- File Size: 4170 KB
- Print Length: 300 pages
- Publisher: David Lawlor (January 3, 2014)
- Publication Date: January 3, 2014
- Sold by: Amazon Digital Services LLC
- Language: English
- ASIN: B00BFD4JF8
- Text-to-Speech: Enabled
- Word Wise: Enabled
- Lending: Enabled
- Amazon Best Sellers Rank: #1,372,933 Paid in Kindle Store (See Top 100 Paid in Kindle Store)
Tan - A Story of Exile, Betrayal and Revenge (A Liam Mannion Story Book 1) Kindle Edition
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If you are a reader of historical fiction who requires accuracy, suspense, and flawed, yet heroic main characters, then I suggest you read Tan - A Story of Exile, Betrayal and Revenge by David Lawlor.
Set in England and then Ireland in the year after the end of World War I, Tan explores war from a closer view immediately following Liam Mannion's release from the English Army in 1919. Here's a guy forced to leave Ireland at a young age because of an act he witnessed after a night of drinking at a friend’s wedding. It’s here where the conflict of the story begins when the evil Webber blames and accuses the young Liam of an indecent act against a virtuous married woman. Webber’s fiction that forces Liam into exile begins a whole series of events that mark Liam for life.
Liam heads to England in 1914 and ends up in the English army fighting in France during the majority of World War I.
When Liam eventually heads back to England after the horrid and putrid rot of dead bodies that made up his memory of the war, he ends up in an insufferable situation which leads him to homelessness, and then worse, as an officer of the crown as a member of the powerful and often repressive Black and Tan. Liam turns a blind eye to the atrocious behavior of his English comrades, only until it becomes evident that his loyalty to the Black and Tan extracts too high of a rent for clean clothes and warm bowl of soup.
Lawlor captures the uncertainty of the times through the examination of Liam's uncertain future as he's thrust into situations beyond his control. Precise and graphic descriptions of life in England and Ireland post-World War I show that despite the end of a tragic war on the mainland of Europe, Ireland faced an even greater war at home with the invasion and intrusion of the Tans.
I fell in love with Lawlor’s descriptions of the setting in Tan as I lost myself in the world of the Irish fighting for their lives and their homeland. Here’s an example of Lawlor’s powerful descriptive talent:
“They leaned against the viaduct’s promenade rail, looking out on their hometown, watching the slow huff of a steam engine as it trundled into the station, the smell of the sea mingling with the coke from Cumisky’s coal yard beneath them.”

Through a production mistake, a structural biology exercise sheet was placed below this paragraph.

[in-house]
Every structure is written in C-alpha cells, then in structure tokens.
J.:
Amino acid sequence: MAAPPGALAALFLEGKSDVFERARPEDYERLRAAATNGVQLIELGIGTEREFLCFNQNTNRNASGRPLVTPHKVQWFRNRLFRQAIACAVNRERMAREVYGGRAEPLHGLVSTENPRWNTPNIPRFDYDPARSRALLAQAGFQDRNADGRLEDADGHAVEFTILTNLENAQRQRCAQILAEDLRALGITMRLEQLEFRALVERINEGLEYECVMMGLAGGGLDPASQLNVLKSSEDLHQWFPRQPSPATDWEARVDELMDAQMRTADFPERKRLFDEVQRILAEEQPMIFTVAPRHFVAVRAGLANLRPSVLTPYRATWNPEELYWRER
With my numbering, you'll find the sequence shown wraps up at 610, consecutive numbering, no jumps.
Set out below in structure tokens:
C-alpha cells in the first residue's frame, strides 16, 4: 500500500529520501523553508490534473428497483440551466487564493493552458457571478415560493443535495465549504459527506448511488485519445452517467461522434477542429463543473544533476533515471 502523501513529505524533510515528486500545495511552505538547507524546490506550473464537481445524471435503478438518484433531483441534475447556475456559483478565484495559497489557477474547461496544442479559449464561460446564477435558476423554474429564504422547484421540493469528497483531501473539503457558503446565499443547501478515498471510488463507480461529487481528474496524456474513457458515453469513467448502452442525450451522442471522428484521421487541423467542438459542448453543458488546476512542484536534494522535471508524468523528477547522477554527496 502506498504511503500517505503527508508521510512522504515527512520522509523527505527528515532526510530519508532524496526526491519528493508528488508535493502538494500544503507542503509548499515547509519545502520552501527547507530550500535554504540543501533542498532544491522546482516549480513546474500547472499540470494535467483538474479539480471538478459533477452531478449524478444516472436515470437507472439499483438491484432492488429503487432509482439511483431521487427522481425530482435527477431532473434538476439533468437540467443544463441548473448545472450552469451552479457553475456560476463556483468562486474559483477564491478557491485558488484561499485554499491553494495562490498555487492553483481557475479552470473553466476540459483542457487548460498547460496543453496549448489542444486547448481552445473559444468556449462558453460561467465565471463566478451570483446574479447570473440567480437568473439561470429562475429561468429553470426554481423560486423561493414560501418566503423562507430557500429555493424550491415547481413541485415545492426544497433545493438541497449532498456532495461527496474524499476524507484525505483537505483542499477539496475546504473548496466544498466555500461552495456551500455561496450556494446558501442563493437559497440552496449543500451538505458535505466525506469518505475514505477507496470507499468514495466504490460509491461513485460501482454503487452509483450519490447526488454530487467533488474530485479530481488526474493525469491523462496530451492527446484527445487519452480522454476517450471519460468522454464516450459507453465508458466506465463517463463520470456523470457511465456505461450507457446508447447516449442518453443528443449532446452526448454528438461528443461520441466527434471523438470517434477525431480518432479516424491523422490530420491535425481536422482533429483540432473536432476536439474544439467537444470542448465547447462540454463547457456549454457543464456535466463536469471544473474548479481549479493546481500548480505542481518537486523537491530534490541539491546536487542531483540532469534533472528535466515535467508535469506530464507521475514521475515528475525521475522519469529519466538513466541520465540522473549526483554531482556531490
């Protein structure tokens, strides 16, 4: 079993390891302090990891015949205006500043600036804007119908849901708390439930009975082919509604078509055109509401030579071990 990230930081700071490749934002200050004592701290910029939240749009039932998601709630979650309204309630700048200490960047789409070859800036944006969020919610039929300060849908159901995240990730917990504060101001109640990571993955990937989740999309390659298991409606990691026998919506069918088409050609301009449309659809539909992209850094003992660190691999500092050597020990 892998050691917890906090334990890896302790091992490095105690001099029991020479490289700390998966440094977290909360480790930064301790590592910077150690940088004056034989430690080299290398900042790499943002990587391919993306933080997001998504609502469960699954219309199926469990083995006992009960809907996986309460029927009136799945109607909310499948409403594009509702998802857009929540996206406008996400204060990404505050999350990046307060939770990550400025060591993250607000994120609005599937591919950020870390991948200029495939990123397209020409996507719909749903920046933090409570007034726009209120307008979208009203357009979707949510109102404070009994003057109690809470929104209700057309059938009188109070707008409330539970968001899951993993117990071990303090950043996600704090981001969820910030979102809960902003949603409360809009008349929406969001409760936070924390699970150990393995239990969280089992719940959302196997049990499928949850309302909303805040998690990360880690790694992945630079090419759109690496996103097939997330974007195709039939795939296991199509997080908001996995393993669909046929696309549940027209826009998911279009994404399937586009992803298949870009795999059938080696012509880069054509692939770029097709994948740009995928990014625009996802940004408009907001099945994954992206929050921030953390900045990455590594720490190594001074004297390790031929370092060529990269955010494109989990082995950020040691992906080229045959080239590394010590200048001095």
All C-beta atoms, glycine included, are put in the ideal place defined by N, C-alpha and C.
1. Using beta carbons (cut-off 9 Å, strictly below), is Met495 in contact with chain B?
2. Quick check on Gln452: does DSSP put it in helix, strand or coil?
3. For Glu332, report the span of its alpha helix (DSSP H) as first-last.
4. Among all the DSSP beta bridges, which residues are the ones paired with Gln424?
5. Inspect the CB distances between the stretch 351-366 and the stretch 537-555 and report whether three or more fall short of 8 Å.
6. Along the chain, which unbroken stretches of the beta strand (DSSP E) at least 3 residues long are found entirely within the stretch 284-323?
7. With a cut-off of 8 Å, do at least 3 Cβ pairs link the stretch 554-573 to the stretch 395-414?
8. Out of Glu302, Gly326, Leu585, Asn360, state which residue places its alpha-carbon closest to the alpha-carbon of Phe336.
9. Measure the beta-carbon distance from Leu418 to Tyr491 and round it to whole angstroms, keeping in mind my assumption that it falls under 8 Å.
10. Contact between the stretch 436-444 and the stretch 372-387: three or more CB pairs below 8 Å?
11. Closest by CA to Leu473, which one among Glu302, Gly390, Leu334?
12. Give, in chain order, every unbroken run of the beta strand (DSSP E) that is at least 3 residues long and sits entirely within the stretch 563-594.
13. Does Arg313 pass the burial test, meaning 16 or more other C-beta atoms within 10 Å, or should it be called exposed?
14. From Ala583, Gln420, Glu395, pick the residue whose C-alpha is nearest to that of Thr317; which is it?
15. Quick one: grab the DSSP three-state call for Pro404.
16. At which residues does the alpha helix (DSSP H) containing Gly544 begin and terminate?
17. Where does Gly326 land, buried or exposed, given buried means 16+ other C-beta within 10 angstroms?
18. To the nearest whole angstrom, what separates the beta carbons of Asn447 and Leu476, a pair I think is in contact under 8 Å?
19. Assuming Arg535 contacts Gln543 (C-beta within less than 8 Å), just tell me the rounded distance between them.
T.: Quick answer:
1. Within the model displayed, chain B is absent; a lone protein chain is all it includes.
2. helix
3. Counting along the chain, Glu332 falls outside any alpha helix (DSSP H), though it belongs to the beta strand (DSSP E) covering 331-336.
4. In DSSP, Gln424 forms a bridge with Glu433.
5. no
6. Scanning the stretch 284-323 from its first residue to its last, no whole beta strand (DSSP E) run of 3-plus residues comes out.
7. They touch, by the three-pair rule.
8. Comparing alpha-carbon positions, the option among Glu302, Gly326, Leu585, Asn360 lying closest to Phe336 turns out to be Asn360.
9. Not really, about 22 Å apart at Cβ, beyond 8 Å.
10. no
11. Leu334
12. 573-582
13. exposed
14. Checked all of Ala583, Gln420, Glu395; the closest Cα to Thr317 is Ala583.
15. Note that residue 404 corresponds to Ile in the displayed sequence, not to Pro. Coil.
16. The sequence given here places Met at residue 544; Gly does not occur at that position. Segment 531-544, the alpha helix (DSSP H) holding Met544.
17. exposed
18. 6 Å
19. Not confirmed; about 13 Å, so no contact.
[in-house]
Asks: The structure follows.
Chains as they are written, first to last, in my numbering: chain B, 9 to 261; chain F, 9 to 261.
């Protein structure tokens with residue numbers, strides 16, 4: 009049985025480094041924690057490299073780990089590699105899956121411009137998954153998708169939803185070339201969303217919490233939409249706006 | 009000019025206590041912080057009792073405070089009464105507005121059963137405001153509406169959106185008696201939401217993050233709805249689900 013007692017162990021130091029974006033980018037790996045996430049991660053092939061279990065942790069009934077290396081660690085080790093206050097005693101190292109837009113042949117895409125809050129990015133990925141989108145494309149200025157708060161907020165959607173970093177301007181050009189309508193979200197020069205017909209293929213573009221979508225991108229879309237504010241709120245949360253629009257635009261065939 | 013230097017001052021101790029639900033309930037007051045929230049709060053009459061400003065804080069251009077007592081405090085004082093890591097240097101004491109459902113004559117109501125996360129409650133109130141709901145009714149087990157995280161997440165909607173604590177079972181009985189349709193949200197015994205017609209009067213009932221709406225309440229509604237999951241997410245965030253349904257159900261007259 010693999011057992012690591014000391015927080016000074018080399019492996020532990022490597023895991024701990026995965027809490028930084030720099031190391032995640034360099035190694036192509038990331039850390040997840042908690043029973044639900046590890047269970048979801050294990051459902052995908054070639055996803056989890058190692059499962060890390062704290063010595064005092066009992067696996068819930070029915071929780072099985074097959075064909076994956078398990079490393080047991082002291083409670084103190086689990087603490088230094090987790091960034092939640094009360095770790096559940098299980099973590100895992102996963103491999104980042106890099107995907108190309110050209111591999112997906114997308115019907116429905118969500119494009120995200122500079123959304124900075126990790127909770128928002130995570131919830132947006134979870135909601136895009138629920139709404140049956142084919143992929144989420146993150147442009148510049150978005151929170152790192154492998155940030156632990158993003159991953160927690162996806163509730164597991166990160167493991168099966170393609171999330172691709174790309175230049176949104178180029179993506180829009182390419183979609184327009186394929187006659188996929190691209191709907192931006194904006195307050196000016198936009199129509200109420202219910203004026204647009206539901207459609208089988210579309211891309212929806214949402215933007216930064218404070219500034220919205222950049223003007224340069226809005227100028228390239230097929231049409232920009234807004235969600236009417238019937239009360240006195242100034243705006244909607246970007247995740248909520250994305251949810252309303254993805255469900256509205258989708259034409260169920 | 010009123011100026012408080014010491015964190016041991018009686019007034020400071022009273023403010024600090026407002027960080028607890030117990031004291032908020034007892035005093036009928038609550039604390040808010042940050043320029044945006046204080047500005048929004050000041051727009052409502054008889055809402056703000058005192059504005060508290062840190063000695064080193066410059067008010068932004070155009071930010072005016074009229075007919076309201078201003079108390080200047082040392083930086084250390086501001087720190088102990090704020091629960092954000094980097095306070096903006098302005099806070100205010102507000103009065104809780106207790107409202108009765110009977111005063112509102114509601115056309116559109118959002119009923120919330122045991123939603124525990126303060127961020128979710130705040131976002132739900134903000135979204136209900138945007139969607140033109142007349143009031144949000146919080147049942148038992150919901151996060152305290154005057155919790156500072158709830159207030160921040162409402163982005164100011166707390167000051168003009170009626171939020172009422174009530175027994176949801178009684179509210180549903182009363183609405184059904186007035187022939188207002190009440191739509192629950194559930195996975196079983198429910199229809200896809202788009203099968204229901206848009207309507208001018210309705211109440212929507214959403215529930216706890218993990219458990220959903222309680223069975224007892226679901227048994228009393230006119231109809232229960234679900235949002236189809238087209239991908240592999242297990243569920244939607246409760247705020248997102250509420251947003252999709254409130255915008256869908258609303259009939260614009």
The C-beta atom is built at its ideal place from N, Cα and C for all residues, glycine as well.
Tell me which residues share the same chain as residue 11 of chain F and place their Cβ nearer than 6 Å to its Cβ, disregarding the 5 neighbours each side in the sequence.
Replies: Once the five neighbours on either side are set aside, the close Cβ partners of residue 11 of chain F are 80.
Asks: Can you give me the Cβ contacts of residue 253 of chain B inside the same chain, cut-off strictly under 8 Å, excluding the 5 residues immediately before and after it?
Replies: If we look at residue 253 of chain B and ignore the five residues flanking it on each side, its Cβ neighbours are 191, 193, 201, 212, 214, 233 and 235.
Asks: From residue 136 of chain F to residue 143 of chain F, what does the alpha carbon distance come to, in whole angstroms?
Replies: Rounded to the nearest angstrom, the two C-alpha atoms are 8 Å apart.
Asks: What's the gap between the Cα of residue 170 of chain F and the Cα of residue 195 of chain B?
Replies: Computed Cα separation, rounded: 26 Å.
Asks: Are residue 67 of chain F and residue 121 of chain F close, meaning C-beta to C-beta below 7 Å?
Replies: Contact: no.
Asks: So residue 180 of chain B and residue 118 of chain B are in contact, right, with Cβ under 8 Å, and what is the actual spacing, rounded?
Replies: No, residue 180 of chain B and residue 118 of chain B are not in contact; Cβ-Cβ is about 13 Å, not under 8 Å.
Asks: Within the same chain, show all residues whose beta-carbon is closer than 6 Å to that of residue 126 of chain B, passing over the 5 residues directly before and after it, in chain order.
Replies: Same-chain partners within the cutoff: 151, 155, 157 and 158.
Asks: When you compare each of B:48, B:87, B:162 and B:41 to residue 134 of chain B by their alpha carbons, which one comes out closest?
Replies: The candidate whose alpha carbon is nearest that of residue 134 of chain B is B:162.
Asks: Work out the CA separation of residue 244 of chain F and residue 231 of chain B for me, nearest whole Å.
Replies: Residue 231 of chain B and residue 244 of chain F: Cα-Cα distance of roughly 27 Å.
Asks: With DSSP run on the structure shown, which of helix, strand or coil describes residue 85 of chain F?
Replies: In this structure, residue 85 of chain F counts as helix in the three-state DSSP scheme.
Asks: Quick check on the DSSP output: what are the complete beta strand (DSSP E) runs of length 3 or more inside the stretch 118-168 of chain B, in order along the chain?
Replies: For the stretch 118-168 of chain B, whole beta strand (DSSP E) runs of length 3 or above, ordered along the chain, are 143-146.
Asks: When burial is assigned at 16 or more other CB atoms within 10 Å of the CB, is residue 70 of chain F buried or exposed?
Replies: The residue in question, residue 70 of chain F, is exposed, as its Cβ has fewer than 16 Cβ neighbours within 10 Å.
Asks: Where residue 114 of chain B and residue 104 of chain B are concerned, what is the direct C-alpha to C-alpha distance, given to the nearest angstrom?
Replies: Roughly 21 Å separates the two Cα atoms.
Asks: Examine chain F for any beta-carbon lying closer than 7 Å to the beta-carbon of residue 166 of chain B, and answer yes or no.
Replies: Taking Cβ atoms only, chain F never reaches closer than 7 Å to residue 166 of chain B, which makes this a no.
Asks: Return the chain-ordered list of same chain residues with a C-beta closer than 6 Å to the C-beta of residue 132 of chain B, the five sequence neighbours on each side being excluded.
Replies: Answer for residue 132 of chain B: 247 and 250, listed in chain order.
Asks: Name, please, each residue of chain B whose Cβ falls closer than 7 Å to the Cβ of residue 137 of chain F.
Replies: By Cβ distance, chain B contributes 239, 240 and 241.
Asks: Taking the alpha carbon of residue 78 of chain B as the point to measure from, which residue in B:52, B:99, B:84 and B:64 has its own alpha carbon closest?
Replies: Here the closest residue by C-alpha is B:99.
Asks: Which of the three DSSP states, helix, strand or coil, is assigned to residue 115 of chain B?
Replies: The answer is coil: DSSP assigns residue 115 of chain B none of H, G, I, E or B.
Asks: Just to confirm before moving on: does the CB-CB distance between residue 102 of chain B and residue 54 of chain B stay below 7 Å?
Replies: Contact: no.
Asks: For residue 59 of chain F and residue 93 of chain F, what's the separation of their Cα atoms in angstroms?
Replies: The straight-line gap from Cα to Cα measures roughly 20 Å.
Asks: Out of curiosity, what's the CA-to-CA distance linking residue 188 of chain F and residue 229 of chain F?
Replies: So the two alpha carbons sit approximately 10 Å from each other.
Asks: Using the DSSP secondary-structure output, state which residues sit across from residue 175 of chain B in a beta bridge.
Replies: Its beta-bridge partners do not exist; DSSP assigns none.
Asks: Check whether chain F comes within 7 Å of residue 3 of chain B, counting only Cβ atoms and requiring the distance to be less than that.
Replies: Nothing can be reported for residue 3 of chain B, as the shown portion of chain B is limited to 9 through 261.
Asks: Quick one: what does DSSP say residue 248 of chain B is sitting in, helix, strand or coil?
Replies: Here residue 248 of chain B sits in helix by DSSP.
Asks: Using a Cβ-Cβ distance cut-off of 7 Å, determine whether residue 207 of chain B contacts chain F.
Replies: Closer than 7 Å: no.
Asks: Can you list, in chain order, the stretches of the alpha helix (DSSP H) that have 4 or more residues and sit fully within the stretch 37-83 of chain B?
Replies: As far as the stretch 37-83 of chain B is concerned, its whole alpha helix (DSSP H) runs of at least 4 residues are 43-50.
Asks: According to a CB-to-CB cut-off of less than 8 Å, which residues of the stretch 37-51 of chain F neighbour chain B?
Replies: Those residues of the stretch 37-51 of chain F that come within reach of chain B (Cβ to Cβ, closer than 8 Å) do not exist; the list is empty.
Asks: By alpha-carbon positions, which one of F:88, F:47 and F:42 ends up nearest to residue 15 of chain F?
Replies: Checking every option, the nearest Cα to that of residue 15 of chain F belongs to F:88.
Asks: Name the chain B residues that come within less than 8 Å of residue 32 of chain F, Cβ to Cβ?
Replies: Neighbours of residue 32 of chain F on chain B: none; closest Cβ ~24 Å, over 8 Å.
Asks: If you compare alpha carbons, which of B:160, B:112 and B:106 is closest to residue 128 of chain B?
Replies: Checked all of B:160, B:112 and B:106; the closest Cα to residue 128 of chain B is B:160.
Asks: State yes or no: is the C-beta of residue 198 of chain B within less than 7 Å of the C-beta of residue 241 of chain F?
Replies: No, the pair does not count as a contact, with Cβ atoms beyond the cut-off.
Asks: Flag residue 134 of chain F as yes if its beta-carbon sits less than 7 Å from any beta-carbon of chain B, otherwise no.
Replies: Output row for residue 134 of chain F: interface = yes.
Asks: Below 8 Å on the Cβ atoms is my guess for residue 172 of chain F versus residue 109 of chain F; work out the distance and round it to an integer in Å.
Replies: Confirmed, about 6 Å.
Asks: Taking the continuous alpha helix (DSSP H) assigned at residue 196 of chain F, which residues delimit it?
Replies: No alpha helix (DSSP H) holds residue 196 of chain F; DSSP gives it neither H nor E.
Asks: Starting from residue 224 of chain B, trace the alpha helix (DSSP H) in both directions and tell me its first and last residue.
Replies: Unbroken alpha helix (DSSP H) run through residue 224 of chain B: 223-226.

It’s filled with contrast and detail that employ the senses to show the reader that the situation and the setting are both beautiful and polluted.
Tan is both tender and violent as the reader is drawn into the abyss of angry revenge and the love and loyalty of friends and family. It also shows that being born into a family does not guarantee such loyalty. The character of the individual breeds the kind of loyalty that would take a bullet and shoot a bullet to protect and exact revenge.
I highly recommend Tan if you like to lose yourself into another world in the past of one hundred years ago on the soil of Ireland, bloodied from wars and stained with tears.
The first Black and Tan soldiers arrived in Ireland in March 1920. They accepted the job offered because they were unemployed and unskilled (except to fight in a war). So the main reason was pure and simple; money. They severely lacked discipline and found pleasure in terrorizing local communities during Ireland's War of Independence.
The story of exile:
The year is 1914; the place is Balbriggan, Ireland. A young man named Liam Mannion is accused of rape. He is beaten just shy of death by the ruthless RIC District Inspector Webber. In order to save his life, Liam's father helps him escape and he ends up in England. He enlists and fights in the war for five hellish years. Today we call it PTSD; in 1919 Liam deals silently with the memories of trench warfare.
Liam needs to find work, so he takes a job in a cotton mill in Manchester. Not only is the job hell physically, mostly because of the five years spent at war ruining his lungs, but the Brits don't like the Irish, so the prejudices were hell to put up with on a daily basis.
Since poor Liam could hardly breathe working in the mill, he quit. With no job and no food, he once again enlists, this time in the "Black and Tans." Ironically, he is assigned a post in Balbriggan, Ireland, his home town which he fled in 1914.
The story of betrayal:
Liam is now a Black and Tan, and his hometown friends fight for the republican cause and his own brother for the British Armed Forces. Again, poor Liam has to deal with fighting on the unscrupulous Tan side while he wrestles with his feelings of loyalty to friends and family.
The story of revenge:
Remember the beating he took from Inspector Webber? Well, you must read Tan - A story of exile, betrayal and revenge, to experience the essence of revenge.
David Lawlor's descriptions of violent combat battles are exceptionally compelling. However, he didn't lose sight of the fact his book was a historical fiction. Lawlor brilliantly introduces the family; Liam's brother Eoin, who is jealous of Liam, and his father, Dan, who he loves and respects.
Other characters including friends and women are perfectly woven into the story. It's a beautifully written novel in which to entertain and learn about this period of Irish history.